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Repercussions Of Lacerations Caused By Slip And Fall Accidents

According to the CDC, the most common injuries sustained in a slip and fall accident are traumatic brain injuries, fractures, spinal cord injuries, soft tissue injuries, and cuts – or lacerations. Not all cuts are considered lacerations, but lacerations can be some of the most difficult but least talked about injuries stemming from a slip and fall. A cut may be a minor surface cut, or a scrape, often requiring little medical attention outside of a quick cleaning and instructions to keep from getting infected while the body heals. A laceration, however, is defined as a deep cut that goes through the skin and into the tissue or the muscle underneath.

Lacerations often occur in auto accident injuries. Broken shards of glass, sharp twisted metal, or flying projectiles in a vehicle may lead to lacerations during those tense seconds an accident occurs. However, it may be difficult for one to see how a slip and fall may result in lacerations as well. During a slip and fall, an individual hits the ground with a not insignificant amount of force. Should this person fall onto a sharp piece of metal, stick, rock, or other debris, this may result in a laceration. If a person goes to reach for a railing or other surface as they fall, a sharp edge may lead to a laceration. If a person falls into a ditch or hole with debris, a laceration may be one of their injuries as well.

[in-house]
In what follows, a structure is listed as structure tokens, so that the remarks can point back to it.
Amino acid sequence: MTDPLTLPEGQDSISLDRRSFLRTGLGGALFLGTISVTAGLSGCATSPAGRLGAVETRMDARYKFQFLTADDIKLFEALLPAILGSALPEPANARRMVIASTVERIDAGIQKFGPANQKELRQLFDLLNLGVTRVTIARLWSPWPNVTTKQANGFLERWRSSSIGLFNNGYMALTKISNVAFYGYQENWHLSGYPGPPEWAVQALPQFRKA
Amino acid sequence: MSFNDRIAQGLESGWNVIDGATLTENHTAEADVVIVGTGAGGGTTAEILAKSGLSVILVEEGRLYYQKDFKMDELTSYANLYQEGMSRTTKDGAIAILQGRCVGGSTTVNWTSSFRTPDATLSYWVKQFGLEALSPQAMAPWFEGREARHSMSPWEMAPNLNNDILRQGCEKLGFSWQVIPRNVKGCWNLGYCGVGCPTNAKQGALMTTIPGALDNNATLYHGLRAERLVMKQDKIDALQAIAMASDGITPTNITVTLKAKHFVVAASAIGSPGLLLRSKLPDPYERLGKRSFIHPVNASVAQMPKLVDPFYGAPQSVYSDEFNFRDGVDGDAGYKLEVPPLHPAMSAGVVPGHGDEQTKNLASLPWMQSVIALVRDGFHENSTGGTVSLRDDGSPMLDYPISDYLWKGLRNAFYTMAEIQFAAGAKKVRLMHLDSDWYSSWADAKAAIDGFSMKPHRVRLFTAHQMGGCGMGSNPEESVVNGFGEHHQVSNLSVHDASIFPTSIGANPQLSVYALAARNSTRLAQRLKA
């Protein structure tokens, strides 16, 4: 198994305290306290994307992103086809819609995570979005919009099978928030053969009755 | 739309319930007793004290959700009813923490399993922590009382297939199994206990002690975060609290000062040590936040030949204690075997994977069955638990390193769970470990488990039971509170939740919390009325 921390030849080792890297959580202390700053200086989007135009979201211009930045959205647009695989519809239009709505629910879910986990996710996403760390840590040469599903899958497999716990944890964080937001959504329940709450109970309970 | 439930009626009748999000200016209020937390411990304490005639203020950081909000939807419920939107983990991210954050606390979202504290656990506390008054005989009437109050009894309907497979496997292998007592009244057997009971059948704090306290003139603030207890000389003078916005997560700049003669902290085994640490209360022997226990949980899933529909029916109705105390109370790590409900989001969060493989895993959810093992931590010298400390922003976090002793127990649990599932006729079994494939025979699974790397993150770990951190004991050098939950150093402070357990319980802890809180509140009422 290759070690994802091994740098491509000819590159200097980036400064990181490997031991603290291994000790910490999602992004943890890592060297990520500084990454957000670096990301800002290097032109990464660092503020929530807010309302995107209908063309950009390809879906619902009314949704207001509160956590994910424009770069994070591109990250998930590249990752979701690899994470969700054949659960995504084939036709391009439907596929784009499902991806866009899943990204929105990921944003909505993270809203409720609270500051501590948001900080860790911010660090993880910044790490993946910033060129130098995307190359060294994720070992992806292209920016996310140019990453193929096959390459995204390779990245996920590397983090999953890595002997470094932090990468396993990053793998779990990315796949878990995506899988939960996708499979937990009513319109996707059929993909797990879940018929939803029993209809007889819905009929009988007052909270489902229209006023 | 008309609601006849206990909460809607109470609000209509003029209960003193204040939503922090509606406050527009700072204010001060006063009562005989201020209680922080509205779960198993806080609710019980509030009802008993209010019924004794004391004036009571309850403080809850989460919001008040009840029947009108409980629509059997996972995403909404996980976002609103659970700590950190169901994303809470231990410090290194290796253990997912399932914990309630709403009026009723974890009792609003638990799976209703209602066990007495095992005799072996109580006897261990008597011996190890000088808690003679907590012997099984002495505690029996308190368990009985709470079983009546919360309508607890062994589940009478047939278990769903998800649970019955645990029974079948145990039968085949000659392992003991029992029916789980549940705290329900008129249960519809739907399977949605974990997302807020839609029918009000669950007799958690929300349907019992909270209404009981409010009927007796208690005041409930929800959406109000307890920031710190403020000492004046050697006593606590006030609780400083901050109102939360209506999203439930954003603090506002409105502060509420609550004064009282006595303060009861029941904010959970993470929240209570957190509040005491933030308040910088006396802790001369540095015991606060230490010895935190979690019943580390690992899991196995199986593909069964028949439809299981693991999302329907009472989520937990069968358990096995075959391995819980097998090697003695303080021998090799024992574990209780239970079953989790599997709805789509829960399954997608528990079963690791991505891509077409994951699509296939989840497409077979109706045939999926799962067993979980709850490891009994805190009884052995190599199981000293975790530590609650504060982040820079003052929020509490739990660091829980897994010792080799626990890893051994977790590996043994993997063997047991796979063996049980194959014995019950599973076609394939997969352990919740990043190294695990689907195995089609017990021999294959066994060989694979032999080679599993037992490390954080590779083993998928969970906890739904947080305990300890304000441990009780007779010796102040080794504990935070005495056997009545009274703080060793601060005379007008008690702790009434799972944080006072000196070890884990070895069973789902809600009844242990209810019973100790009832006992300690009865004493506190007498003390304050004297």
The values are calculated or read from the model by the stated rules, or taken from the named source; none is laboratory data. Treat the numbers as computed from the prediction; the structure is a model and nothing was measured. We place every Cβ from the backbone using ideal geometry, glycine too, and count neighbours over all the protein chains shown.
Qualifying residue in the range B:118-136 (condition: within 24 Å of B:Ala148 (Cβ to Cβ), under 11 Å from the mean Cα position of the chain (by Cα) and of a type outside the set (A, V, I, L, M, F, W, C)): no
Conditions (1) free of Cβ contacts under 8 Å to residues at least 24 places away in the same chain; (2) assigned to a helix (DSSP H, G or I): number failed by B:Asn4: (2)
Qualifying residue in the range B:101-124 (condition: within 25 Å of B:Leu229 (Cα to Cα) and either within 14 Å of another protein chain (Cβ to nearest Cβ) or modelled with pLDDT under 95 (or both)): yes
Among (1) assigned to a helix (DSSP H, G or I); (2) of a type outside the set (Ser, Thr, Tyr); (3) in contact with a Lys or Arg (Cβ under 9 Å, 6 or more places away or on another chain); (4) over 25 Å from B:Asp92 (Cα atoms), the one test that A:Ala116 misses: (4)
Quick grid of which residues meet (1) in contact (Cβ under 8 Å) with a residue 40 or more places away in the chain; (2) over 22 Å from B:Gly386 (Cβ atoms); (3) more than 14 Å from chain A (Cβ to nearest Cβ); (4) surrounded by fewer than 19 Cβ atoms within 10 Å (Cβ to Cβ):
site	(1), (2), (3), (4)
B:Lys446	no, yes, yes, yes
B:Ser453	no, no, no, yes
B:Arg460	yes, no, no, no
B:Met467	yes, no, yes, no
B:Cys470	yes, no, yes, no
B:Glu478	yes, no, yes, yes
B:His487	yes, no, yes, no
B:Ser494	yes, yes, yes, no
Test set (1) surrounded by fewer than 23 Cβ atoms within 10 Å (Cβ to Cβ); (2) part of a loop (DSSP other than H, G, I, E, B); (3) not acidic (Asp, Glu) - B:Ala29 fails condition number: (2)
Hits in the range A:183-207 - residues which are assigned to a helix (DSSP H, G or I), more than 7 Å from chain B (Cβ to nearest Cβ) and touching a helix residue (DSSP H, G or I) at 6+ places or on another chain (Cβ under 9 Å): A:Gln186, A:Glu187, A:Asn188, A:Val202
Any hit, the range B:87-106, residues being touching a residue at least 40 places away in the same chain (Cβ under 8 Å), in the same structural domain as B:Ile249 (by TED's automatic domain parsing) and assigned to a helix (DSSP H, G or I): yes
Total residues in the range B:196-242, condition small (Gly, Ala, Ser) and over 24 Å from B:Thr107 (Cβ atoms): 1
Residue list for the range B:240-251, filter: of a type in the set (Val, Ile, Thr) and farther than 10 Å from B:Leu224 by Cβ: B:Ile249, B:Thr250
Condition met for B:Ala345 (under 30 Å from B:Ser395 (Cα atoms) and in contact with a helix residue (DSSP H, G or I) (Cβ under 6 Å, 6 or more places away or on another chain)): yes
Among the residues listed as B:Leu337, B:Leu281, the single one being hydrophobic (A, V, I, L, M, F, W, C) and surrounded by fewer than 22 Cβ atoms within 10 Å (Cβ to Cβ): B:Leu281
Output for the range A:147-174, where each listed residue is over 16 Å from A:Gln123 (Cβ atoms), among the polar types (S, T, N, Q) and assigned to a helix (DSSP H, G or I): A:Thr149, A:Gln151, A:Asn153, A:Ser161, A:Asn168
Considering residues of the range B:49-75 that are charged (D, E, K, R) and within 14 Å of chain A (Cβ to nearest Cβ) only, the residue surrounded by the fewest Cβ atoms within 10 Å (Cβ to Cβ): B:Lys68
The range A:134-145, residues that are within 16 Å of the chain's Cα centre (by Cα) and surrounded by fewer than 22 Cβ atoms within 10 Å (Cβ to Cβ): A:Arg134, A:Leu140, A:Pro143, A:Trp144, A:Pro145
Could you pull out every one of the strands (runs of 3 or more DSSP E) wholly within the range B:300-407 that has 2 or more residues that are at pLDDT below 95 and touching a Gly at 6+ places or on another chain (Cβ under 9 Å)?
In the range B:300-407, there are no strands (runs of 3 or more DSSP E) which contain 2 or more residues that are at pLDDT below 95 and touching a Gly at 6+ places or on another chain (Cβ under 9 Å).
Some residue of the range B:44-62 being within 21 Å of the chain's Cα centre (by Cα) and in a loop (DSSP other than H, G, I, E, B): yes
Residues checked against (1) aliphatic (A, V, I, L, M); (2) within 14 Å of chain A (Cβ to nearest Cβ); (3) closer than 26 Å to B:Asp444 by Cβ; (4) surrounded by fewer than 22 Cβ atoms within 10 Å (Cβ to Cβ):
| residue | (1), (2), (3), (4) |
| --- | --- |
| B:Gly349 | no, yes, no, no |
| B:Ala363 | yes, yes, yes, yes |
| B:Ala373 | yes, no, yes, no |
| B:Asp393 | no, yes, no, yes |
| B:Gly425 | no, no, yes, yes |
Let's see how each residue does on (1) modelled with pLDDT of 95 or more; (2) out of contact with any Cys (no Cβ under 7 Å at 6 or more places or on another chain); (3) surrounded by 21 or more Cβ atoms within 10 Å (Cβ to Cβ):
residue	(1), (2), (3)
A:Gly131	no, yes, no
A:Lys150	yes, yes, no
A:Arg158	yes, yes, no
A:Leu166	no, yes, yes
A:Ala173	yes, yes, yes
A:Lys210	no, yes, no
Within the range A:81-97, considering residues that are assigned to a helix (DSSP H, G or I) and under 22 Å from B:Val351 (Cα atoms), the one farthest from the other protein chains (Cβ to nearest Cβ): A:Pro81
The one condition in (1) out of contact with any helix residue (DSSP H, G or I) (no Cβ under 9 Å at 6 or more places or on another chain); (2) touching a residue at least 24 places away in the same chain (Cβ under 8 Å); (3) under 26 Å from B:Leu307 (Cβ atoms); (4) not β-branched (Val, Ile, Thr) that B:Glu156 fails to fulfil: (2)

How Are Lacerations Cared For?



While a cut or skin abrasion will need to be cleaned and treated with some type of antiseptic ointment, there is little else to be done to help along a safe and healthy healing process. Lacerations take quite a bit more care.

First and foremost, a laceration will need to be treated to stop or limit bleeding until medical intervention begins. These deep cuts can cause significant and sometimes dangerous bleeding. A tourniquet should be made to keep pressure on the wound until an injured person can be treated.

Once the injured person is at the hospital, doctors and nurses will begin working to stop bleeding so the wound may be cleaned and assessed. While cleaning the wound, medical professionals will remove any debris while addressing just how deep the wound goes and if any damage has been done to muscle, tendon, or tissue. In some instances when muscle or tendon damage is detected, surgery may be the next step in order to limit long-term damage.

If surgery is not necessary, medical professionals will then typically stitch the wound back up. Deep lacerations may require a number of stitches, often more than the one, two, or three seen in superficial cuts. After stitches have been placed, the wound will be treated with antiseptic medication and dressed to keep infection out. Dressings for lacerations will typically need to be changed daily with infection checks to catch any infection before it gets out of hand.

Long-Term Repercussions Of Laceration Injuries



While most lacerations will heal without long-term repercussions, this isn’t all. A laceration suffered in a slip and fall accident that reaches muscle or tendon tissue may lead to the need for prolonged medical care and could result in long-term disability. A laceration to the hand, for instance, that cuts through tendons in the thumb could cause a person to have permanent limited use of that hand for a prolonged period of time.

Slip and fall accidents happen quickly, and they can be devastating. If you’ve been in a slip and fall accident that resulted in a laceration or other serious injury, contact us at AllInjuriesLawFirm.com today to see how we can help.

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